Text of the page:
Somewhere only we know: Mt. Wilson
Zoe Stojanovic-Hill is (not) a smarty pants
I must have been about six or seven years old when I stood up in front of my class for Show and Tell, and announced that I knew a place where Smarties grew on trees.
It was a frightening moment. For the first few years of primary school, I was so shy that my mum nicknamed me ‘Little Mouse’. Throughout Kindergarten, I’d follow my teacher around instead of playing with the other kids at lunch, wandering over imaginary expanses alone but never drifting out of her orbit.
So you can imagine how much energy it took to join in with Show and Tell. But this, this was worth telling – I’d found a life-size fairy garden, and I needed everyone else to be as excited about it as I was.
Every autumn, my family and I would drive up to Mt. Wilson, in the Blue Mountains. Mum and Dad, filming on a handheld 90s video camera. Me and Poppy, dressed in gumboots and op-shop jumpers. We’d drive along the Old Bells Line of Road. We’d stop at pick-your-own apple orchards on the way there, and at Devonshire tea houses and woodfire pizza places on the way home.
We’d always stop at Bilpin Fruit Bowl, a produce shop attached to an orchard in Bilpin. The whole place felt old-fashioned – the faded sign, the buckets of honey, the house-made apple pie, the chunky statue of a fruit bowl, which looked as if it were made of papier-mâché.
Mt. Wilson was a European grove, surrounded by bush and rainforest. It was a village of gardens and picnic grounds, linked by wide streets lined with deciduous trees. The gardens felt huge – they felt like forests. Poppy and I would scramble down mulchy banks and come out in clearings, where autumn leaves fell so thick that you could drag your feet and draw patterns on the ground. We copied things we’d seen in movies; we lay back, and used the leaves as a substitute for snow.
The colours were astounding, compared to the colours we were used to. During school holidays, every family holiday was the same: camping in the Snowy Mountains. I loved the greys of the Snowy Mountains too; I loved icicles on snow gums and understated flowers in the alpine heath.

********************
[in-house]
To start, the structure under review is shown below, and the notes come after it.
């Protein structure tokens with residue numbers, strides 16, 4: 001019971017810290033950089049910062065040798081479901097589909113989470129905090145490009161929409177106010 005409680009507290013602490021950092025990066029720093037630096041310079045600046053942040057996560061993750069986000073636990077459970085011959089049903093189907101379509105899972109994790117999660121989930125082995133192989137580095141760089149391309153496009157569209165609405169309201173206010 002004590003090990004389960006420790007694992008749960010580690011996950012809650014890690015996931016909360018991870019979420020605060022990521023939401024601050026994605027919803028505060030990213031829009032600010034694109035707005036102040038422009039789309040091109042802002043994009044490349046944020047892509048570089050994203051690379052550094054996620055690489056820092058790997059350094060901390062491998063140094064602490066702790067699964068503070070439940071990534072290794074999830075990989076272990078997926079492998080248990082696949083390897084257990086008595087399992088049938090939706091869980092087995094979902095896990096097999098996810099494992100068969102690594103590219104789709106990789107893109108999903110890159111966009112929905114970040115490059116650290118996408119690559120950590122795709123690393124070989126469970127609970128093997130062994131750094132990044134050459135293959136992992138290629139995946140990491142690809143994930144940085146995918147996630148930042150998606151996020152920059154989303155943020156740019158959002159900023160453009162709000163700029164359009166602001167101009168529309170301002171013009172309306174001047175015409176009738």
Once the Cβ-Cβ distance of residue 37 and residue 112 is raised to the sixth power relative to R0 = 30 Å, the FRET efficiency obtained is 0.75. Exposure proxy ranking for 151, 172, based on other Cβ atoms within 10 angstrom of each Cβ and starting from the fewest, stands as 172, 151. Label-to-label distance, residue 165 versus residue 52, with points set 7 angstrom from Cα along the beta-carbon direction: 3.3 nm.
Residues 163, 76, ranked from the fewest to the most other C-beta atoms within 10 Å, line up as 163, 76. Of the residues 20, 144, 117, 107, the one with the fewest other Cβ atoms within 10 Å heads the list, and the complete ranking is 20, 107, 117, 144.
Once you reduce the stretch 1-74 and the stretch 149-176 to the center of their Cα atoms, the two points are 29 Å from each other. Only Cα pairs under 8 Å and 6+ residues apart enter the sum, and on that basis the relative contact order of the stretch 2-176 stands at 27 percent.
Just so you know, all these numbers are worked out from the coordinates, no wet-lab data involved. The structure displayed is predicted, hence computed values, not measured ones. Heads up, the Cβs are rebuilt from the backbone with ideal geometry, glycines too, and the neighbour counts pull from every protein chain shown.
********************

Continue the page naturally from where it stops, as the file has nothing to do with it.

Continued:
In comparison, Mt. Wilson was so vivid. Red and gold foliage, bold against the indigo undergrowth.
Looking back, going on a daytrip to Mt. Wilson felt like going on a holiday because it was a holiday, of sorts. Mt. Wilson was a miniature of the English countryside. The drive to and from Mt. Wilson also had English or American overtones: Devonshire tea and apple pie. I never thought about where the quaint, foreign influences came from. Never thought about what Mt. Wilson would have been like before colonisation. And for that, I’m sorry.
Apple-picking was a novelty, the autumn leaves were gorgeous, but the real reason Mt. Wilson seemed magical – and yes, I know it sounds corny, but I literally mean magical – was because little rainbow chocolate drops grew in the gardens. Poppy and I thought so, at least. And so we started calling Mt. Wilson ‘the Smartie Tree’.
Of course, Mum and Dad planted the Smarties there. I never realised; my sense of wonder just faded away, melded into a sense of nostalgia.
When Mum, Poppy and I visited Mt. Wilson later, when Poppy and I were in high school, I’d walk around Mt. Wilson alone, in these quiet, almost brooding moods, but I’d have a nice time. I think I was aware of how change, even positive or necessary change, is comprised of a series of little losses.
Nothing tragic, just something a tiny bit sad. It’s strange to think that you will never perceive something the same way, or strange to me.
Mt. Wilson or ‘the Smartie Tree’ is still the first thing I think of when I think of autumn, and nostalgia.